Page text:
Triumphant OpenAI CEO spends a whole interview dodging questions about why he was fired like he's in The Matrix, but does suggest the nonprofit board is in for some big changes

Sam Altman testifying on capital hill.
(Image credit: Getty Images - Anadolu Agency)

One of the year's most breakneck technology stories was OpenAI's CEO and co-founder Sam Altman being fired by the company's board, then being reinstated after a few days of will-they-or-won't-they back-and-forth. Over those days Altman was the subject of considerable professional backingfrom OpenAI investor Microsoft (which straight-up offered him a job) and OpenAI's own staff, the vast majority of whom signed an open letter calling for his reinstatement. The firing was announced on the afternoon of Friday 17 November: Altman was back in the role by the following Wednesday.

The big mystery is why Altman was fired in the first place. Speculation abounds, and given this is all about AI, can get somewhat lurid. Dark rumours swirled of an advanced piece of software codenamed Q* (pronounced "Q-Star", apparently) capable of solving simple math problems: a potential breakthrough in the search for a general artificial intelligence, and something the board was reportedly told of shortly before Altman was fired. More prosaically, some noted a potential clash between OpenAI's not-for-profit mission and Altman's desire to push the commercial side of its software (OpenAI has a for-profit subsidiary). But no one knows exactly what went down, or at least no one's talking.

Judging by Altman's first peek above the parapet since the whole saga began, no one is going to know for some time to come. Altman granted an interview to the Verge, in which the first five questions are basically about why he was fired, and all he has to say for himself is there's an independent review, these are questions for the board, I'm not ready to talk, let's all get "forward-looking" here.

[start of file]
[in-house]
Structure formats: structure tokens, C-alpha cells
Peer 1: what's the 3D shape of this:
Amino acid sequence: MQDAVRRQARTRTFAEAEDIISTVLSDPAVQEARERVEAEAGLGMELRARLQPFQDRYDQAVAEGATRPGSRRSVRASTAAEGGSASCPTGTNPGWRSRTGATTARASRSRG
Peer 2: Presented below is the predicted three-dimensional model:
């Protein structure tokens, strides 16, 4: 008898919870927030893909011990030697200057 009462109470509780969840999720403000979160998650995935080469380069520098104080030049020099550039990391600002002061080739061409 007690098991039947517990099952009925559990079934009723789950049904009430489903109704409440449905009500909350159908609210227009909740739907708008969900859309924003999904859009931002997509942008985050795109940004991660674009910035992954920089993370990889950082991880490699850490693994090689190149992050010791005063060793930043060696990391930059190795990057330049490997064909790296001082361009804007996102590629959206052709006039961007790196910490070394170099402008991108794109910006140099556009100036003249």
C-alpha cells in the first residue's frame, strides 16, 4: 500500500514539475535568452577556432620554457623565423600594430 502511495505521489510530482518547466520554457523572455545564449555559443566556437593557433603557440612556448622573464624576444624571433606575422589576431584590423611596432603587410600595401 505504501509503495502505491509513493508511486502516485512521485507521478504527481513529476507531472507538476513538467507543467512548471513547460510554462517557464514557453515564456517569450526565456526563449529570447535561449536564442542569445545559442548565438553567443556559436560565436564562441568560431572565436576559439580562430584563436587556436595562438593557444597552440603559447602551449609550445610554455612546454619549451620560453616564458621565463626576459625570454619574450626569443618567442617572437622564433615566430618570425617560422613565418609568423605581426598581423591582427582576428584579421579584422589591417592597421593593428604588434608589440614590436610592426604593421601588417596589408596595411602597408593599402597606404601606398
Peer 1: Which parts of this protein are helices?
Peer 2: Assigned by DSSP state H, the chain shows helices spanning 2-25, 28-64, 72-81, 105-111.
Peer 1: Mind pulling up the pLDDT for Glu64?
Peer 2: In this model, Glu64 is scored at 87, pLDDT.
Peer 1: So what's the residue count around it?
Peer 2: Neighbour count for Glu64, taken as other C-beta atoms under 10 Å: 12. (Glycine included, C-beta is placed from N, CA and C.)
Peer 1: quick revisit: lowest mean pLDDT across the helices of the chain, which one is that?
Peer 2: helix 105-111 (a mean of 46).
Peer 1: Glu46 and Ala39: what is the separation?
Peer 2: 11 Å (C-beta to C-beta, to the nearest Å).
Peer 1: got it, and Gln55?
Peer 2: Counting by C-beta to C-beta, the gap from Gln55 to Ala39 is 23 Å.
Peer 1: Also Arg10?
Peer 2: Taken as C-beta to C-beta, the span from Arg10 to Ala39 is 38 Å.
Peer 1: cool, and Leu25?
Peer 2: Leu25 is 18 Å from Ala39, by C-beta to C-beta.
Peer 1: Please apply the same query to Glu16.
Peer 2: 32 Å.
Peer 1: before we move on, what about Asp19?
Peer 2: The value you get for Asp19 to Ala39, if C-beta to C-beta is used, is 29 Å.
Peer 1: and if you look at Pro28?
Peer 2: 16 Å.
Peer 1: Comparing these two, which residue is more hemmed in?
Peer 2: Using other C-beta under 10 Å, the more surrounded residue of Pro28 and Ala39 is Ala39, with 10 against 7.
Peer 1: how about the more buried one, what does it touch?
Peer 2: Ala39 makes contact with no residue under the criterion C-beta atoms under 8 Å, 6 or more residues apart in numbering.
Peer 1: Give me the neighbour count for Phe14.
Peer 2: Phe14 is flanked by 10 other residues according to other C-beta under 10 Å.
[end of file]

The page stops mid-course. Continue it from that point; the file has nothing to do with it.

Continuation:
Altman did say on X that "there were real misunderstandings” between himself and the board, but when asked about them executes another champion dodge: "I imagine there will be some time where I’m very happy to talk about what happened here, but not now."

More questions follow: why can't you talk about it? "I just want to let this process go and not interfere." OpenAI interim CEO Mira Murati is also sitting in on the call and deflects another question about the firing decision. Altman's happy to talk about his re-hiring and the sunlit uplands of the future, but won't go near the question everyone wants an answer to.

Altman does at least give an insight into what was going on behind-the-scenes. "Saturday morning, some of the board called me and asked if I’d be up for talking about [returning]," says Altman. "And my immediate reaction was sort of one of defiance. It was like, 'Man, I’m hurt and angry, and I think this sucks.' It took me a few minutes to snap out of it and get over the ego and emotions."